Clean coal requires injecting its CO2 emissions into the ground, but Oahu has no geological depositories for CO2 available. Hence, we're stuck with dirty coal. Moreover, CO2 sequestration is an experimental, all but untried, expensive process, requiring massive new infrastructure to transport CO2, for many coal burning plants are not close to geology that allows injecting CO2 underground. CCS (Carbon Capture and Sequestration) raises the cost of coal burning by 40% to 60%. Coal experts and investors also signal a wariness about liabilities associated with CO2 capture. Once sequestered underground, CO2, a killer gas, may escape from its storage and cause a disaster as it engulfs unwitting humans above ground. Coal plants like ours in Honolulu also emit sulfur, nitrogen oxide, and mercury. The latter causes serious neurological and developmental problems in humans.

Here's the scorecard on clean coal so far. Of $5.2 billion invested in 13 clean coal projects, the U.S. General Accounting Office says eight have serious delays or financial problems -- six of them 2 to 7 years behind schedule, and two are now bankrupt. As for submerged costs(bad pun, I know), communities where coal is mined suffer significant environmental degradation and pollution, and mine workers face great risk of death, injury, and work related diseases. So clean coal or dirty, miners and their families in Indonesia are likely suffering on behalf of all electrical users in Honolulu, you and me.

Nearly one kilowatt out of five of all the electricity that you and I use in Honolulu. comes from dirty coal. So while claims about clean coal won't help you sort out Obama versus McCain, fortunately clean coal won't be coming to paradise. Lucky us. Maybe we all ought to ask HECO to replace Oahu's dirty coal with clean, renewable energy, send HECO a note with that suggestion in your next electric bill payment. I will. Think about it.

Friday, October 10, 2008

Schools versus HTA advertising?

What's wrong with this picture?
Just as the State Board of Education cuts $46.5 million from our schools, the state announces it will add over $6 million to the ad budget of the Hawaii Tourist Authority. That's on top of $50+ million already assigned to visitor industry advertising.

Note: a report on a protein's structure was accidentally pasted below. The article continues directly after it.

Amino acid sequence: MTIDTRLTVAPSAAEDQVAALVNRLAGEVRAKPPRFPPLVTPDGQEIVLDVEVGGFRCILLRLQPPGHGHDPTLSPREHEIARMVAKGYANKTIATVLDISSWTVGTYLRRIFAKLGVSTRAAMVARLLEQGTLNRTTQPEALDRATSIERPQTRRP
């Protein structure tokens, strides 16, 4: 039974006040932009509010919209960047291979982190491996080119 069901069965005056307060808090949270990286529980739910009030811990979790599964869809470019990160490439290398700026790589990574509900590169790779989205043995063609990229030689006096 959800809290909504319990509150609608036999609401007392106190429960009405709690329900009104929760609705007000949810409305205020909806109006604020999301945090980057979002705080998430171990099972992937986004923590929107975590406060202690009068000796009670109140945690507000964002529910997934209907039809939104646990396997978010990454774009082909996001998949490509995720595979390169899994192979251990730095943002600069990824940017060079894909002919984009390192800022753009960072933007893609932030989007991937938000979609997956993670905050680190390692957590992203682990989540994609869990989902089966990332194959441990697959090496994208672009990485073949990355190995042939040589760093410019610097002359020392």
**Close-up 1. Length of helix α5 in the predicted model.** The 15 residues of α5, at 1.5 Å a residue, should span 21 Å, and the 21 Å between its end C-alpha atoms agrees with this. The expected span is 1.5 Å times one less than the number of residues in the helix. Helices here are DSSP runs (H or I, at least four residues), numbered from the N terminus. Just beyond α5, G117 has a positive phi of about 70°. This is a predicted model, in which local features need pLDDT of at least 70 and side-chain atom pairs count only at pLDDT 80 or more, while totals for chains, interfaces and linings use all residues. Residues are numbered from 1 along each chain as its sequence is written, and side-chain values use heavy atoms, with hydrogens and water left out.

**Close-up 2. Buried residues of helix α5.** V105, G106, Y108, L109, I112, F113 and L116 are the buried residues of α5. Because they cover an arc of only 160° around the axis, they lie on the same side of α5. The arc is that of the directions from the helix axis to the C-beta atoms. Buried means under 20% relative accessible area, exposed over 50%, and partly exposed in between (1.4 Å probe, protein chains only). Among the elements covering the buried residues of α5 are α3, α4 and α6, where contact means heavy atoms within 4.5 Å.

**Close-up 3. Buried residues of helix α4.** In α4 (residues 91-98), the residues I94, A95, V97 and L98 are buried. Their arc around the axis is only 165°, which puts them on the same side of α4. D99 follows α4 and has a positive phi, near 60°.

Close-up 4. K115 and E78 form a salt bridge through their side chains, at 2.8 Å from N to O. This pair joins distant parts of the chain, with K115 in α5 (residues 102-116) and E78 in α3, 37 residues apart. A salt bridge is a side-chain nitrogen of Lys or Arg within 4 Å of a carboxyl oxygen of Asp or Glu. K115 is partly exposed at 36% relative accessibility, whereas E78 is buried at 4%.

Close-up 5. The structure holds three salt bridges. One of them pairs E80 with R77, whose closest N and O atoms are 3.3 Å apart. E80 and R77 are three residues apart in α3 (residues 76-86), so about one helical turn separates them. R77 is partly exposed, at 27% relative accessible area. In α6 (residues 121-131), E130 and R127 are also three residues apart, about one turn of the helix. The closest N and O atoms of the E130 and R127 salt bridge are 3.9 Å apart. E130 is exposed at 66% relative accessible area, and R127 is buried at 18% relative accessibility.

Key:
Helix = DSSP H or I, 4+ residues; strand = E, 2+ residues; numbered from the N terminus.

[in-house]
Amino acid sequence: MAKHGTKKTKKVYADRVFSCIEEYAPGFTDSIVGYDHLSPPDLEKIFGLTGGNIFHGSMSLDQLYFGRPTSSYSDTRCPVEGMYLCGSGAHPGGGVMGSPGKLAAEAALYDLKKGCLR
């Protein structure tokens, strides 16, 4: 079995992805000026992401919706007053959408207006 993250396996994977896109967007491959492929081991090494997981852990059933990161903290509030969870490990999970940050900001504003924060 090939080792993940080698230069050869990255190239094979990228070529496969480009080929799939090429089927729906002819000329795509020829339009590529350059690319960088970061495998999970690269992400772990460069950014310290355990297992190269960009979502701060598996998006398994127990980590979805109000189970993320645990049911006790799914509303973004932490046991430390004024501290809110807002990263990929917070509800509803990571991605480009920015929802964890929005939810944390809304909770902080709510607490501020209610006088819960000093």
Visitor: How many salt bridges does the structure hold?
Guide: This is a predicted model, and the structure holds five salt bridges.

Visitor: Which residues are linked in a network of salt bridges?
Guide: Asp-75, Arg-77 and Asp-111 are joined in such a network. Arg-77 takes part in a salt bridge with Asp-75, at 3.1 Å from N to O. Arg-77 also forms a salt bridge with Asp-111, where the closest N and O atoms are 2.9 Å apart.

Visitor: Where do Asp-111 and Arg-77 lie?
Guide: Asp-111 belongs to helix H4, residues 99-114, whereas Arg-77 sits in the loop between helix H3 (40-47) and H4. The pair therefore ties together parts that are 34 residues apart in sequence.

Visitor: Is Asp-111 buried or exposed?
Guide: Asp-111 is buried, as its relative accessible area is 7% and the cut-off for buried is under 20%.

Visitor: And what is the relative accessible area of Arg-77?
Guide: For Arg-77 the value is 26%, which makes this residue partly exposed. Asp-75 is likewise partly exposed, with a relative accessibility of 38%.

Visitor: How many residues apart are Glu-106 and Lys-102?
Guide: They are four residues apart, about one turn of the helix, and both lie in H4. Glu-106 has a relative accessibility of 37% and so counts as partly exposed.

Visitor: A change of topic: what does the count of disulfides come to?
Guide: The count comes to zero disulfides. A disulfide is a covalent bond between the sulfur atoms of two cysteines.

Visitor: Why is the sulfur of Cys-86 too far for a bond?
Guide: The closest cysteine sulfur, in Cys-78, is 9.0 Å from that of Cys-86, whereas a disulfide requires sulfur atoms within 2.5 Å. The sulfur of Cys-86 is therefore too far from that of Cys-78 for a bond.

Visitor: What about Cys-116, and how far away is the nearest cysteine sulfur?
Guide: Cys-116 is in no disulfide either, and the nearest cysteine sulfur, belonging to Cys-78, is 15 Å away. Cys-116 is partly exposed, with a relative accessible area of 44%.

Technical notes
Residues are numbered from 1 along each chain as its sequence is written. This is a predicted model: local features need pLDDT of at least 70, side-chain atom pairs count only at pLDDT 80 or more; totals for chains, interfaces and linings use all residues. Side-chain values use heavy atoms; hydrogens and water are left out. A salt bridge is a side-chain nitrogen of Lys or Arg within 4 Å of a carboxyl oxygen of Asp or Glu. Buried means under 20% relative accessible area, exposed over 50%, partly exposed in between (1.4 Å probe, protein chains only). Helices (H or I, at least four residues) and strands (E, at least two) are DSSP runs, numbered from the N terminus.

If it is going to cost us what our young people learn -- a long term cost to them and our society -- then HTA needs to show us exactly what we can expect to get for our money before taxpayers invest another nickel in visitor ads.

Tuesday, October 7, 2008

What Would You Like to Know

If you could get both of Honolulu's mayoral candidates to tell you anything you wanted to know about them or their plans, what would it be? Here's my version. Add your own.

M Hanneman, fess up the absolute truth about why the city has delayed showing us
  • what it will really cost to run all of those trains, you know, not your low ball 2006 guess to sell the idea, but the truth?
  • what it will actually look like with rail lines 30 feet to 70 feet above streets, stations 60 to 110 feet high and 90 yards long? Come one, show us. Don't hide the drawings. We paid for 'em.
  • where you'll be hiding when the rail bankrupts Honolulu ?
Ms Kobayashi, can you tell us the truth about
  • how fast you and Panos can get us HOT lanes, what they'll cost, and why they beat the rail?
  • what you're going to do with all of that trash without shipping it off island?

Tuesday, September 30, 2008

21 Reasons to Reject Rail and Its Proponents

21 Reasons to Reject Rail and Those Proposing it.
Code: R = Rail as CCH has proposed; MH=Mayor Hanneman; PB = Parsons Brinkerhoff, city R contractor-advisor; EIS –Environmental Impact Statement; CCH=City and County of Honolulu.

1. CCH's own PB studies show it won't change road congestion, it won’t solve our traffic problem. Per PB, when complete , R will take take 1.3% of cars off the road. Per MH at the KGMB forum, 11% off -- for $6+ billion or more!!
2. Fed Funds are in no way assured. The EIS must compare alternative possibilities.
3. Why has MH delayed presentation of the EIS for some 6 months, possibly until after the election? Suspicious?
4. R will be ugly (80 feet and higher in a neighborhood you use), noisy (next to your place?) and running 20 hours a day – empty most of the time. Noisy visual blight.
5. MH refuses even to try traffic options proven elsewhere --road congestion pricing (rush hour), which succeeds in cities all over the world. In the U.S. Minneapolis, Seattle, Miami, and San Francisco are all introducing congestion pricing using millions in federal funds. Why not in Honolulu, MH?
Why no serious look first at more elevated triple HOT lanes, one way into town in the AM. The opposite in the PM. It works beautifully in Orlando. Add far more buses, and multiple occupant vehicle incentives. Why ignore other options? What's the rush?